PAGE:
England's Rio Ferdinand has launched a scathing attack on Uefa for what he sees as a failure to stamp out racism.
Ferdinand is demaning tough action to tackle racism
He backs a European Parliament resolution calling on referees to be able to abandon matches where supporters make racist taunts.
The 28-year-old Manchester United star said: "It is time for Uefa to stop paying lip service to the problem.
"Uefa should look at imposing huge fines or deducting points within tournaments or competitions."
Fifa imposed a £44,750 fine on the Spanish FA after Shaun Wright-Phillips and Ashley Cole were the target for monkey chants during last year's friendly with England in Madrid.
Ferdinand said: "The fines handed out after the England-Spain game were a joke.
"For too long now, European football authorities have not taken the problem of racism in the game seriously and refuse to acknowledge how widespread the problem is.
"I talk to a lot of European players and know there are big problems in Spain, in Italy and in Eastern Europe.
"Just look at what happened to Samuel Eto'o. He was racially abused against Zaragoza and what happened? Zaragoza were fined a paltry 9000 Euros by the Spanish Football Federation.
"If he had reacted to the fans that were abusing him by gesturing to them, he would have been fined a couple of weeks' wages at the very least - but, yet again, nothing happens to the fans that abused him.
"If Uefa really is serious about kicking racism into touch it should adopt some of the penalties called for in the (EP) resolution and get on with punishing those who defame the game we all love with their backward, racist views."
But Uefa responded to Ferdinand's criticism, with director of communications William Gaillard saying: "I understand the reasons for his frustration because racism is a very ugly phenomenon and I think we need to stamp it out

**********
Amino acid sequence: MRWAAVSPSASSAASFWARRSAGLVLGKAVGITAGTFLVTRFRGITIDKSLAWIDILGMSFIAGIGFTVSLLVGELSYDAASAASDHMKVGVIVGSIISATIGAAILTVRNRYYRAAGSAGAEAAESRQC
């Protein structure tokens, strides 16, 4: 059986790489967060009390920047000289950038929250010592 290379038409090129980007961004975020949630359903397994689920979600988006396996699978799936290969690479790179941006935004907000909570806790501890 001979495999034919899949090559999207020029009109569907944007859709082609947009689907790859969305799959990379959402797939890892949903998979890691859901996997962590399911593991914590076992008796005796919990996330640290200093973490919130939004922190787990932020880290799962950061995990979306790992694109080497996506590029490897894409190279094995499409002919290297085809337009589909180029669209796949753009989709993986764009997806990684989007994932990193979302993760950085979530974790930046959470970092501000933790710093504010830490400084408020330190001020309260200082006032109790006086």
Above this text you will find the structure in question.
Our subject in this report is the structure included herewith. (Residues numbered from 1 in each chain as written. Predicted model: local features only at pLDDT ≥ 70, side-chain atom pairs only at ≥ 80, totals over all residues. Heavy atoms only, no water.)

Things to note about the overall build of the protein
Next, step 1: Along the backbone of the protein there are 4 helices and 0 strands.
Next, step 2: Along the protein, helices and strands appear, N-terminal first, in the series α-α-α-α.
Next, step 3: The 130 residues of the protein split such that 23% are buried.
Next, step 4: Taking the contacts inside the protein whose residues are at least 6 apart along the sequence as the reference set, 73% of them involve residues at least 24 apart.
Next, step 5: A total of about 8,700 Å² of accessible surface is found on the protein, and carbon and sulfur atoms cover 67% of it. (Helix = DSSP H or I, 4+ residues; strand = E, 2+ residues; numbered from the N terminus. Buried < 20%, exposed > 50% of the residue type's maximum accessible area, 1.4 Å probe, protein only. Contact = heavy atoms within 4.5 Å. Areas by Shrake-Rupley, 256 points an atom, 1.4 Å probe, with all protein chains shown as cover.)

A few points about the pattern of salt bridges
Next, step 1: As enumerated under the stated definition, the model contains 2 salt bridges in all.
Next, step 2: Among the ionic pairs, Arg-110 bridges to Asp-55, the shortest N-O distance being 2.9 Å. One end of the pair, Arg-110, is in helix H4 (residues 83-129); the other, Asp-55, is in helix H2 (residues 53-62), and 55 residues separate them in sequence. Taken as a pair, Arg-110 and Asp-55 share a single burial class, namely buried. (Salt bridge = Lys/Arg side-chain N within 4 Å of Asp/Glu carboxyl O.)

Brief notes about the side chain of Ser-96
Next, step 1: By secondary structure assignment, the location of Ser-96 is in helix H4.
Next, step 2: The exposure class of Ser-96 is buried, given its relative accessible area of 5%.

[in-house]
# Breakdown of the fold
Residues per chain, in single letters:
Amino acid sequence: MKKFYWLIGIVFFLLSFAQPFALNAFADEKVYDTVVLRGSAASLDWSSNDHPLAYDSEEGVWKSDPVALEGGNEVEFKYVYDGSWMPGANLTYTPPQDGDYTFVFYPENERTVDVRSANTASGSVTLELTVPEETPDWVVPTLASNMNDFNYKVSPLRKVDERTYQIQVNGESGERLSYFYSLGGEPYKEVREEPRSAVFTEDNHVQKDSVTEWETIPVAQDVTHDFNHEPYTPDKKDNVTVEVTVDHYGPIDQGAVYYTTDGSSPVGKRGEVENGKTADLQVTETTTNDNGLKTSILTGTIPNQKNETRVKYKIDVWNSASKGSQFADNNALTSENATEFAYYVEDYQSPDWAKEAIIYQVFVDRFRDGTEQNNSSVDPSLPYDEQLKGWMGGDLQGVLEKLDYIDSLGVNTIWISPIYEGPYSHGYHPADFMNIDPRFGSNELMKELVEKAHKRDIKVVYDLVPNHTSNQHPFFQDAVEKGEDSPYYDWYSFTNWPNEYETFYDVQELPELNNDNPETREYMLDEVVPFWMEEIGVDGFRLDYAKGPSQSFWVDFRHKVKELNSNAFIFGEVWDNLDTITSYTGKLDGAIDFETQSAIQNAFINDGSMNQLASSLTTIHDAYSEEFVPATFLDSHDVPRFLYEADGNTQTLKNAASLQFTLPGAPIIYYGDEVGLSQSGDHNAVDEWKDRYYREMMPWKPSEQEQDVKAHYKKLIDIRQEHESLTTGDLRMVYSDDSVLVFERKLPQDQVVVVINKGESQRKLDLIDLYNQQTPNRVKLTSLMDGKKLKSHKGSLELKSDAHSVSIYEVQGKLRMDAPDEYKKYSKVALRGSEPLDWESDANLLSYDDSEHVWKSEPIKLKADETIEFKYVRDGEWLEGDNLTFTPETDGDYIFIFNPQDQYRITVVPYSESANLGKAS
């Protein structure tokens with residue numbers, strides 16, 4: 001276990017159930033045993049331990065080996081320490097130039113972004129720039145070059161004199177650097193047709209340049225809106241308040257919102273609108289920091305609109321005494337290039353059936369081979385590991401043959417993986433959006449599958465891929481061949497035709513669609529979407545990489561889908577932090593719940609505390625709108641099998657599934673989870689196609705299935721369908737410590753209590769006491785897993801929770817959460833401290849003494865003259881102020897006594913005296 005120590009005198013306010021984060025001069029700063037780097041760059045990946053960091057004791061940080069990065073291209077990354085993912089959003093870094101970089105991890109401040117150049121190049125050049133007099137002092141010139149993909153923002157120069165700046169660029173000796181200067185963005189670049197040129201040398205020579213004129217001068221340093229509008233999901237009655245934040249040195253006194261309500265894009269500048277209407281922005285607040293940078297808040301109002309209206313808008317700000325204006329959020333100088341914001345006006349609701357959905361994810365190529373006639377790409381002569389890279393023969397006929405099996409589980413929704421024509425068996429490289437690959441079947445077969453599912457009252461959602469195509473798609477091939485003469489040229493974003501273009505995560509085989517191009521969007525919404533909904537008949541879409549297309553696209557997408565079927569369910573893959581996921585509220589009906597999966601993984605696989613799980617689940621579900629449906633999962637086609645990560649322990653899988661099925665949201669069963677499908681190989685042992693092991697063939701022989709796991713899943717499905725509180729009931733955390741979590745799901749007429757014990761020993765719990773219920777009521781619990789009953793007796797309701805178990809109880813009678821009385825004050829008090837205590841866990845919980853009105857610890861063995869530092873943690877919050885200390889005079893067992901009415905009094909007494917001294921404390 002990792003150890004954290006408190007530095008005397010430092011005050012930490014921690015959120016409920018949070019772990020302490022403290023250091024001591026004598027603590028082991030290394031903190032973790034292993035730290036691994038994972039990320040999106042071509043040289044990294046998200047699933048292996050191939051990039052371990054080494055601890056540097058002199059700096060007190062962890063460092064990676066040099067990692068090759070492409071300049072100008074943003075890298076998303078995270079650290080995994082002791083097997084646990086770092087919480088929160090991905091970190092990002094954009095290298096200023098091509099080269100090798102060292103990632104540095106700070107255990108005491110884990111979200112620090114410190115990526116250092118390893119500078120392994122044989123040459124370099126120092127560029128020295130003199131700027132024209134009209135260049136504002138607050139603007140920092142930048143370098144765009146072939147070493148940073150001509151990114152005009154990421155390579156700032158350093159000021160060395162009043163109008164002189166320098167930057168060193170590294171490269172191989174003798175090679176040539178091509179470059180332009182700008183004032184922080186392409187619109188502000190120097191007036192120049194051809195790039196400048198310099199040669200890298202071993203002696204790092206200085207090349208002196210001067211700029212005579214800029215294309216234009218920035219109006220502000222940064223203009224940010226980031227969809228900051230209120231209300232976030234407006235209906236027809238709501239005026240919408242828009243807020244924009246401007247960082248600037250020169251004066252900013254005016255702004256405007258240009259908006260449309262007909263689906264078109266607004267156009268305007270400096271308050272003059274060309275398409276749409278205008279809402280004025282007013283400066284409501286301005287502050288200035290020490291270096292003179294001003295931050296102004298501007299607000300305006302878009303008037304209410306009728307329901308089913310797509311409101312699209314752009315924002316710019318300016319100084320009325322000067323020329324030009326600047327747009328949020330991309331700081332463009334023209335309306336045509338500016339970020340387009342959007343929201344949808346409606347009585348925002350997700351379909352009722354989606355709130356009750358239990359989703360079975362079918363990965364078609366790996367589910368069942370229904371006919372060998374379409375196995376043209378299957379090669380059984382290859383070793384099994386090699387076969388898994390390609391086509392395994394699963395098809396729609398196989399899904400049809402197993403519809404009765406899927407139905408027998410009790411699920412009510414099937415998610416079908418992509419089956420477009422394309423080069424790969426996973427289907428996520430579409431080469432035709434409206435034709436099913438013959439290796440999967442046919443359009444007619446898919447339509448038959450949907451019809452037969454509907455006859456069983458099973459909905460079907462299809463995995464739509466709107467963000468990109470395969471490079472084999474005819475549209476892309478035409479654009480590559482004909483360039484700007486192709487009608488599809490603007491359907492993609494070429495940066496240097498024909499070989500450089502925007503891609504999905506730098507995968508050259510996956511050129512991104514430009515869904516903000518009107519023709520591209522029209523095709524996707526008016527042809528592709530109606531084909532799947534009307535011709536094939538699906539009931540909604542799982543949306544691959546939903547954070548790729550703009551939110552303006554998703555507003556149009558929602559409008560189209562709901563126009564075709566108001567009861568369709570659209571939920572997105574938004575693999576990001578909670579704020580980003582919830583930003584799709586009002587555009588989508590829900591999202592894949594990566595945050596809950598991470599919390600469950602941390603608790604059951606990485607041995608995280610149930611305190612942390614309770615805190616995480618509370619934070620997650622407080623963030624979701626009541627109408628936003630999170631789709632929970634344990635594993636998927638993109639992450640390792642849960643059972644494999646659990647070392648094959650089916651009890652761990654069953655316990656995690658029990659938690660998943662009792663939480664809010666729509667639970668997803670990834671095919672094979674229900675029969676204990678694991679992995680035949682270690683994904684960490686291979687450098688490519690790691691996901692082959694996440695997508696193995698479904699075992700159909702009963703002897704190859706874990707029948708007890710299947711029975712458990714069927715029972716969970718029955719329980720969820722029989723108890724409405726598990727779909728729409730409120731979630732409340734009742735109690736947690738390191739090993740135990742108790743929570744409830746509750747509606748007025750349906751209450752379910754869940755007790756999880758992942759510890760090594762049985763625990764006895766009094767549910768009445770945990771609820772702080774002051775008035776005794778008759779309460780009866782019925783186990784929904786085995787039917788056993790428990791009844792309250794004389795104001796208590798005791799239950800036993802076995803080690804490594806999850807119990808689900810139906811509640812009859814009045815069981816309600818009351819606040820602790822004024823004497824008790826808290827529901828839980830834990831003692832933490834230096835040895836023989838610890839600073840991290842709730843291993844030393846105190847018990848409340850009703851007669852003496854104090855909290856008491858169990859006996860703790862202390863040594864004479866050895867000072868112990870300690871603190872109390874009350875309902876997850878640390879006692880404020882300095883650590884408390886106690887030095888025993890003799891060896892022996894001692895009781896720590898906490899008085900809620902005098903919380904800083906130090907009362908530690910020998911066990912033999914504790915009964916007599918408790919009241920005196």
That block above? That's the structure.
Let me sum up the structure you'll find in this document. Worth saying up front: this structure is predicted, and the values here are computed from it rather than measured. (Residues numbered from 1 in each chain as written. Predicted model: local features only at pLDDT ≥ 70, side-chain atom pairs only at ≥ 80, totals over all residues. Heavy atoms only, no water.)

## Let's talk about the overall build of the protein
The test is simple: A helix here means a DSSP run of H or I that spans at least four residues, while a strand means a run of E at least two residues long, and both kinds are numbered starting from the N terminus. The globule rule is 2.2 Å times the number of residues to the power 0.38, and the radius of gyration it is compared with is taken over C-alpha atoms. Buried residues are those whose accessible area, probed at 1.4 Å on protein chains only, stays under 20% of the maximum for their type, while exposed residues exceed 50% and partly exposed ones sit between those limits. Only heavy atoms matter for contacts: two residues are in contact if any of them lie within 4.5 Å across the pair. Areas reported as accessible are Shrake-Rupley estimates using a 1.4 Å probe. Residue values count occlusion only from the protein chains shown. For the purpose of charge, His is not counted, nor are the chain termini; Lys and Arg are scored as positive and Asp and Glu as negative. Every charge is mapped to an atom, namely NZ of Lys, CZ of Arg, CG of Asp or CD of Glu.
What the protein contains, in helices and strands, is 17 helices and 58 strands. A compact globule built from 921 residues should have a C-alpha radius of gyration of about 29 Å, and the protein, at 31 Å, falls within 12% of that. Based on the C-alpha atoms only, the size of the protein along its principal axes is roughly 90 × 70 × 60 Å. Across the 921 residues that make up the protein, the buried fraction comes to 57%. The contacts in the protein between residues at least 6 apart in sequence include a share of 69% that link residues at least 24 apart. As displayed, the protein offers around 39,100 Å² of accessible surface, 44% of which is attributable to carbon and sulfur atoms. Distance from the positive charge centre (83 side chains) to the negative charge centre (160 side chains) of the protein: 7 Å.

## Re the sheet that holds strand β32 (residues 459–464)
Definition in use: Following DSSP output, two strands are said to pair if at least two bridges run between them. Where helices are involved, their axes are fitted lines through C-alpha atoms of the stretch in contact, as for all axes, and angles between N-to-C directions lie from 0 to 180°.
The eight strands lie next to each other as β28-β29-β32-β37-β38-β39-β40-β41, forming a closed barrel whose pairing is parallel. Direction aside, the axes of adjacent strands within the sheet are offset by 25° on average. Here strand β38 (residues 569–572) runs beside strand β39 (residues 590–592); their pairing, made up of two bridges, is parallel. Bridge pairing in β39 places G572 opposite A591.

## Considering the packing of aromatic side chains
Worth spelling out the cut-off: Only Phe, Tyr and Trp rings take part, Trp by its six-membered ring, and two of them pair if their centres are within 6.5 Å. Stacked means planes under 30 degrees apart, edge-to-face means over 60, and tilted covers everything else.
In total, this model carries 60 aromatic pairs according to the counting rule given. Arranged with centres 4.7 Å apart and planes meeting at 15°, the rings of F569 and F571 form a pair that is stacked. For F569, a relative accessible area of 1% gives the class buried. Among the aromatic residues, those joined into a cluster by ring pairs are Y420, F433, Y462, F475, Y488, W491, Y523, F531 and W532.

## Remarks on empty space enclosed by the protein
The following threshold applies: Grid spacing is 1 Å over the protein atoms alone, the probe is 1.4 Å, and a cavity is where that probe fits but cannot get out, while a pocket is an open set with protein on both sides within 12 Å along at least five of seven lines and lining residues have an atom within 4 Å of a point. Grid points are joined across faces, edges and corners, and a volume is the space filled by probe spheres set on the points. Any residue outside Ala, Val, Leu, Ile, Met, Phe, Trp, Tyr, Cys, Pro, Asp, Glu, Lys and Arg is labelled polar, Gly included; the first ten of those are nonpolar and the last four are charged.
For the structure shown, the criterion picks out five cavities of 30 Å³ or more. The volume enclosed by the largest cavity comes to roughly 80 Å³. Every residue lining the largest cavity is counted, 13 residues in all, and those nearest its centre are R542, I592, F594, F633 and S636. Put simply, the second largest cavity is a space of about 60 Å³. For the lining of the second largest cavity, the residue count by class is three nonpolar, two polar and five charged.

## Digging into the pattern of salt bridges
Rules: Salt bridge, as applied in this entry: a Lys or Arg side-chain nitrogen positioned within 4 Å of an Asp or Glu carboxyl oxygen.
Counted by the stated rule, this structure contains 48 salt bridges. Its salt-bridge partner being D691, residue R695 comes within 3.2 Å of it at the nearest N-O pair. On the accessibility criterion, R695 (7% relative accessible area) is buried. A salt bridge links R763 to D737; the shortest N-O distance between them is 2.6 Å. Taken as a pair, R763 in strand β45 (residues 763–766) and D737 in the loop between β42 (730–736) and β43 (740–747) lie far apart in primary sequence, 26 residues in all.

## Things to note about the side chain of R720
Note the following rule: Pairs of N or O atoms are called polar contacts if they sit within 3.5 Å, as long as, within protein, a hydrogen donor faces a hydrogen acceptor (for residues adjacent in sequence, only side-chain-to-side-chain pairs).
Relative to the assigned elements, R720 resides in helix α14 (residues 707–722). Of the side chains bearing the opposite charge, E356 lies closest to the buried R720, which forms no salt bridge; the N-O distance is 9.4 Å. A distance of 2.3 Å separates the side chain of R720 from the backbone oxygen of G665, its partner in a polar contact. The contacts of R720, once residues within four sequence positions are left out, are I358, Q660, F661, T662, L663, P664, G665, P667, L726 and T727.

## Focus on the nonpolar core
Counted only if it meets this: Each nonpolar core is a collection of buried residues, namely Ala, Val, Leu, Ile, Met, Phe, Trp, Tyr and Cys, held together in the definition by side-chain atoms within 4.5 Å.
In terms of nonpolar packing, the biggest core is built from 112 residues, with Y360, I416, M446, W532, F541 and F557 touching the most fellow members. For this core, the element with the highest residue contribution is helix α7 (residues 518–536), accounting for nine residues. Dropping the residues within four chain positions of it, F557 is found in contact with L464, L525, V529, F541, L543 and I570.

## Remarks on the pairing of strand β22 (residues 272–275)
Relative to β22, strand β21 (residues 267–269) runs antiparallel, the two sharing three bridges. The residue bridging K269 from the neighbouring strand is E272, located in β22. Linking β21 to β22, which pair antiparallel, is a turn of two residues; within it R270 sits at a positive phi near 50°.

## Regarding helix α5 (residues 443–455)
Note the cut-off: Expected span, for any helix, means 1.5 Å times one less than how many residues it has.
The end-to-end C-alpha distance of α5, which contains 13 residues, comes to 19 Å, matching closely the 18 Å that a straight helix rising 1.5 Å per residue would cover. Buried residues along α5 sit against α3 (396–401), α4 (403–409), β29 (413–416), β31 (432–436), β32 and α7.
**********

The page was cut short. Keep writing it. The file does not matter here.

"At the same time I think a professional football player should do a little bit of homework to understand how the game is organised because he quotes two instances - the Spain against England friendly 18 months ago and then the Zaragoza-Barcelona match.
"He should know both these games were not under Uefa jurisdiction. All international friendlies are played under Fifa jurisdiction while of course Spanish league games are played under the authority of the Spanish football association.
"We cannot interfere. This is just the way the jurisdiction is."
Gaillard was keen to highlight the work Uefa is doing to stamp out the problem of racism.
He said: "As far as we're concerned we don't feel any limits to what we can do and we have shown that.
"Uefa has been relentless in its fight against racism and we're always ready to do more."
Meanwhile, a group of European MPs is calling for sound or colour to be switched off during broadcasts of football matches if a racist incident occurs.
A total of 423 MEPs have signed a declaration calling on Uefa to urge broadcasters to act against racism.
"We understand some media professionals would be willing to experiment with such action," said Labour MEP Claude Moraes, who authored the declaration.
"We would encourage the media to use the considerable power they have."